Dermot Joyce from Cahir, Co Tipperary shares the story of his late wife Audrey Keating Joyce as they and their eight-year-old son Jack navigated their way through a breast cancer diagnosis and bereavement as a family

Our story

It all started when we were getting ready for a weekend away towards the end of March 2016 and Audrey found a lump on her breast that she was a bit concerned with, so we decided that we would call the doctor on the following Monday morning.

Audrey got an appointment for the Tuesday morning. Again the doctor was concerned and referred Audrey for a mammogram in the Bons Secours Hospital in Cork and she got her appointment for two weeks later. Audrey attended and had her mammogram, and they were concerned enough to carry out some biopsies and an ultrasound on the same day.

We met with the Consultant Surgeon that same day too and he told us that he was sure that Audrey had breast cancer and that he didn’t feel the need to wait for the full biopsy results. He was so sure that he went ahead and scheduled an appointment for the Consultant Oncologist for the following Wednesday.

We went to meet the Oncologist as planned and he informed us the earlier test results confirmed what we already knew. He already had a plan in place and went through it with us: that Audrey would need to go through eight cycles of chemotherapy, have a mastectomy and then a course of radiation. Within the space of four weeks of first attending her doctor Audrey was having her first chemo session so things moved pretty fast.


Audrey had her chemo sessions every two weeks and we quickly became aware of when her bad days and good days were going to be, so we tried to plan stuff for the good days (after all Jack was only three at the time). As with everything she did, Audrey took all this in her stride and got on with things, and completed her cycles of chemotherapy.

We then had a little short break form treatment before her mastectomy was scheduled for September. Audrey has her mastectomy and also some lymph nodes removed from under her arm and was given time to recover before her radiotherapy treatments started in November and December 2016. She had 15 radiotherapy sessions in all in CUH, which meant 15 trips to Cork over three weeks. All went well and we had a good Christmas despite the year we had.

Audrey attended her oncologist for a regular appointment in January 2017 and he said that she was cancer free-but she was an ideal candidate for a trial drug that would increase the chance of her remaining cancer free. The trial included monthly consultations with the oncologist and quarterly scans (all free of charge) so we decided that the benefits of the trial and the extra screening would be worth a monthly trip to the hospital.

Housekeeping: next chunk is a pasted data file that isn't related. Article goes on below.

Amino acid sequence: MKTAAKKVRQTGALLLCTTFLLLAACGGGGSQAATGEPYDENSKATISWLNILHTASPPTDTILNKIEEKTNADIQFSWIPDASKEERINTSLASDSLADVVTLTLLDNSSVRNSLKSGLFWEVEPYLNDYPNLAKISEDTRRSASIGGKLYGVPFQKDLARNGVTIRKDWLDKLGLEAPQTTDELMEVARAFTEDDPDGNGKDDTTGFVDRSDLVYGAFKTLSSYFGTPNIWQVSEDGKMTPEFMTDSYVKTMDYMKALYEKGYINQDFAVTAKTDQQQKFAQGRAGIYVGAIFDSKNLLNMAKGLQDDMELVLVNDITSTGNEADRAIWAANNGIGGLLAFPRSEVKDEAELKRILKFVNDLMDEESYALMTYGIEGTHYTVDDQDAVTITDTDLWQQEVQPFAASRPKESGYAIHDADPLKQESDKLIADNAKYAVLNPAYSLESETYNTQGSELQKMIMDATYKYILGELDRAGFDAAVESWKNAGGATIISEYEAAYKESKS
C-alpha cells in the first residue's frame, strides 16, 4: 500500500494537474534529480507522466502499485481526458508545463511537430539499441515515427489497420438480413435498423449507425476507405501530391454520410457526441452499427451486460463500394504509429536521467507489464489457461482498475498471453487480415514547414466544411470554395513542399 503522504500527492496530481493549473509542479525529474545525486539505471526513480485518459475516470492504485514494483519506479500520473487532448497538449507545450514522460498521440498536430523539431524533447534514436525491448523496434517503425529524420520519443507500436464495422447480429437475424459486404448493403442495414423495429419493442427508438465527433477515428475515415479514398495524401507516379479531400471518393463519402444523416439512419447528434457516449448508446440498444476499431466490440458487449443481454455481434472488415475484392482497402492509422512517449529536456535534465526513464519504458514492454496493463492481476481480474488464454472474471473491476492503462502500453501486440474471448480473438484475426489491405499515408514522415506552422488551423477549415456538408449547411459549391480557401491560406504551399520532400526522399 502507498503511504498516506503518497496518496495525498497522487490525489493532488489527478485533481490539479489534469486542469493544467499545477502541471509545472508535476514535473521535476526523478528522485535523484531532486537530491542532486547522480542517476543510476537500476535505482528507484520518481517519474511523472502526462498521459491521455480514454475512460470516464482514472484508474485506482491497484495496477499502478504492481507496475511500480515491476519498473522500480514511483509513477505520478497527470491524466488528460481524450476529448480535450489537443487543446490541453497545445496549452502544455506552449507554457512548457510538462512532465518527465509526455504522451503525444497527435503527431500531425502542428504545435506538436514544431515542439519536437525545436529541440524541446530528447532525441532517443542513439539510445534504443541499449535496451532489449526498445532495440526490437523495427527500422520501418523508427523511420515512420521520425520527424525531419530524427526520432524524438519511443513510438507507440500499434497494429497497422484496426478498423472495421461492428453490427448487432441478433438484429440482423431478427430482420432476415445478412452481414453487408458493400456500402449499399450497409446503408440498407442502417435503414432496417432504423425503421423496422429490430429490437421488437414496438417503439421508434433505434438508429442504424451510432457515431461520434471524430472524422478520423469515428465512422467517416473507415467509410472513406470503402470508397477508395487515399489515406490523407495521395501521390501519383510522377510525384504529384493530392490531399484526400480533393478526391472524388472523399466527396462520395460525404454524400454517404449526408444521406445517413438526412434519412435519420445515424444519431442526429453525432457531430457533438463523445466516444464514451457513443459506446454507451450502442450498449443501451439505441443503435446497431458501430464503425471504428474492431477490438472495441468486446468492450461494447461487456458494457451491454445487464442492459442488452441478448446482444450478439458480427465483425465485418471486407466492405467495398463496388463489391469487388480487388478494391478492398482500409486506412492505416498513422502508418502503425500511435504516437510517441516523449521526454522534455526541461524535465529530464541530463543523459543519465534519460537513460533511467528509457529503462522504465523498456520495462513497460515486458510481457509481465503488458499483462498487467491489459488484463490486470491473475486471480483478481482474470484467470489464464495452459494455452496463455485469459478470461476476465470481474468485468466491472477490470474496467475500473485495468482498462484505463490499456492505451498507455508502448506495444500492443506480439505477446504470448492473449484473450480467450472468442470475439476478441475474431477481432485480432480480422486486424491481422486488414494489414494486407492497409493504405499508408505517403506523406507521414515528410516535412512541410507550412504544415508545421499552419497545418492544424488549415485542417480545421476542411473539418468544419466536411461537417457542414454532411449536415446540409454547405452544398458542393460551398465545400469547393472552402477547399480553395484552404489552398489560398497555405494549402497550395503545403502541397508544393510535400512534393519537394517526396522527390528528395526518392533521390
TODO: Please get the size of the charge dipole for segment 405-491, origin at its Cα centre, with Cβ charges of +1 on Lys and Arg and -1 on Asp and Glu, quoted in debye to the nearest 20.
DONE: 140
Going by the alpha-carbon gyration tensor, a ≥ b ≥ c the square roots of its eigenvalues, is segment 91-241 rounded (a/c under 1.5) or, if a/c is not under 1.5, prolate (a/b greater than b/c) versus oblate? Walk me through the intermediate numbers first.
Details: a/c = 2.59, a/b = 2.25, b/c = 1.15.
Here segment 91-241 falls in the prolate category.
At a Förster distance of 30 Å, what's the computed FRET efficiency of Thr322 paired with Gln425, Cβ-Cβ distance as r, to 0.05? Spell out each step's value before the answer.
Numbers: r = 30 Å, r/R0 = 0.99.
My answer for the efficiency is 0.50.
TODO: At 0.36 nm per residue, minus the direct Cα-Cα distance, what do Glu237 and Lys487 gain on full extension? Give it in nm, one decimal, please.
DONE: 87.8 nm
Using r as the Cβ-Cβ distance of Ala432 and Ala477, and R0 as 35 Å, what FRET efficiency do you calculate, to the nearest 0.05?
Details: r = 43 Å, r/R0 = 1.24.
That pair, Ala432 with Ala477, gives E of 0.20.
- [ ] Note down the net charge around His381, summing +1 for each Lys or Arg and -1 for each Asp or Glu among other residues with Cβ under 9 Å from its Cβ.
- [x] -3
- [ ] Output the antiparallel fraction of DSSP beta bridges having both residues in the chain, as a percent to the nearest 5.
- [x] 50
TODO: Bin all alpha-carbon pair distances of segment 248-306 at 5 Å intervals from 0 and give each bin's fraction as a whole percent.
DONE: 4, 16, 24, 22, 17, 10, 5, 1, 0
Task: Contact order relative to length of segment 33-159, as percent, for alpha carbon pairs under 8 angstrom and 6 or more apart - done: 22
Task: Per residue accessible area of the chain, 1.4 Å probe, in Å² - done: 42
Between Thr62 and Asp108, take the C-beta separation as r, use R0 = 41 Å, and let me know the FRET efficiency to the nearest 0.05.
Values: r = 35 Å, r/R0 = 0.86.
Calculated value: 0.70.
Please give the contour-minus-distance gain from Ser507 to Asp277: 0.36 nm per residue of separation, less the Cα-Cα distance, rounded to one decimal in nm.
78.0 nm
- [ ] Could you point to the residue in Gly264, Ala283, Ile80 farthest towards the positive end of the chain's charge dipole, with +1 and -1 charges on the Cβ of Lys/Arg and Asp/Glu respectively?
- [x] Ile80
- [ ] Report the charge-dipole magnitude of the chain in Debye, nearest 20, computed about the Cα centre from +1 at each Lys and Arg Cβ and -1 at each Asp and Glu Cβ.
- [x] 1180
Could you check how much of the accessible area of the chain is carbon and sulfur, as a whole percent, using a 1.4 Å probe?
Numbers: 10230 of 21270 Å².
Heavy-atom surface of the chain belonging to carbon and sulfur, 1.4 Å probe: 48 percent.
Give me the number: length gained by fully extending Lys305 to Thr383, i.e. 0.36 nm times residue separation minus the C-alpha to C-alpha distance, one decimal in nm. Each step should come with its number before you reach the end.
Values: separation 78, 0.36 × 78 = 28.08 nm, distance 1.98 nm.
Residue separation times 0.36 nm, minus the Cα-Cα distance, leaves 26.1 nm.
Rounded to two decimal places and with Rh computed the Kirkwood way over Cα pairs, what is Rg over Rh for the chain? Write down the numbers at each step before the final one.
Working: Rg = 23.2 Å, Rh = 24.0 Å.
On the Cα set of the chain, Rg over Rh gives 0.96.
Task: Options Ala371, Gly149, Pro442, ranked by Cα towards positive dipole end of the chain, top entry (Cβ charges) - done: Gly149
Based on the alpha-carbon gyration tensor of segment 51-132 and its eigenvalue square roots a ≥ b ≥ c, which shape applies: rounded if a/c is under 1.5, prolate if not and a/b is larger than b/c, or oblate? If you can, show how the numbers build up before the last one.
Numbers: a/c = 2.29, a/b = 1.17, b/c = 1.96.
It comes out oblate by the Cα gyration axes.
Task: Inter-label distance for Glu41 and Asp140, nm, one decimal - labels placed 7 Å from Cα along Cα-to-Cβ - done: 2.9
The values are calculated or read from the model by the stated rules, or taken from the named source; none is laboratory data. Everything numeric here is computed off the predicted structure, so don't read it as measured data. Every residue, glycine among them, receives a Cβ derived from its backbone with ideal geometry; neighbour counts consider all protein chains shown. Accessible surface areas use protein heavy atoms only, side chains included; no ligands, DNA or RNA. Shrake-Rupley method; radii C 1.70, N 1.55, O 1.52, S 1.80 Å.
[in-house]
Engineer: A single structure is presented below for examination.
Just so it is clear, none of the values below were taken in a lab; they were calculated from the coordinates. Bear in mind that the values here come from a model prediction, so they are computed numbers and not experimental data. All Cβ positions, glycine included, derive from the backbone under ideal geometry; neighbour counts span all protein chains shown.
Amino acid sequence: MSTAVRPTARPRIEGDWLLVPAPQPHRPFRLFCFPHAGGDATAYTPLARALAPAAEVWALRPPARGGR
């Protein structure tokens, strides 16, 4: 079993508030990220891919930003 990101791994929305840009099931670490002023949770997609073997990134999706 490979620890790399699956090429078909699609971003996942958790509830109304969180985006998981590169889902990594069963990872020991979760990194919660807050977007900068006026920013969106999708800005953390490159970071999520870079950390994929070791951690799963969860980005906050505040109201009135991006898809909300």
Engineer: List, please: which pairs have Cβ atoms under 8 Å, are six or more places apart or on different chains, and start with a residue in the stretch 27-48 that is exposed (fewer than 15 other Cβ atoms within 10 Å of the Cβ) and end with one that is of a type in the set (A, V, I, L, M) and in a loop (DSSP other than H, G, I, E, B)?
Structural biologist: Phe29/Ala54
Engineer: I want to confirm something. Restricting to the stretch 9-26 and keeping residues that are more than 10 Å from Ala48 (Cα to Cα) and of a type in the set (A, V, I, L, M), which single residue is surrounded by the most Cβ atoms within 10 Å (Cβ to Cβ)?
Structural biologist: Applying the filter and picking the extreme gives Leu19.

The trial went well and at the end of Jan 2018 the trial was completed and Audrey was still cancer free. But then around November and December the following year Audrey was beginning to experience pains in different areas which she thought were muscular but didn’t go away with physio.

Following consultations with her doctor and oncologists bone scans and MRI’s were scheduled for early January 2020 following which on January 15th it was confirmed that Audrey’s cancer had returned and she now had several spots on her bones. The oncologist told us that the diagnosis was terminal, and all that could be done at this stage was to treat Audrey with a view to slowing down the spread of the cancer.

Another treatment plan was commenced and we had a pretty good few months but around September and October 2020 Audrey began to experience pains again and she progressed to needing radiotherapy on different parts of the body. In January 2021 her oncologist changed her medications and her hospital admissions became more frequent, and in April she had scans and lumbar punctures done and nothing of any significant consequence showed up, although the oncologist did say he was concerned.

After some days of severe pain Audrey was admitted again on May 19th and all the tests were redone. They found some new tumours and were confident it had spread. After two weeks in the Bons and another week of full head radiotherapy Audrey was transferred to Marymount Hospice, where she received wonderful care from the team there.

Audrey passed away, surrounded by her family on 19th of June 2021. She was laid to rest on the 22nd of June, the day before her 51st birthday.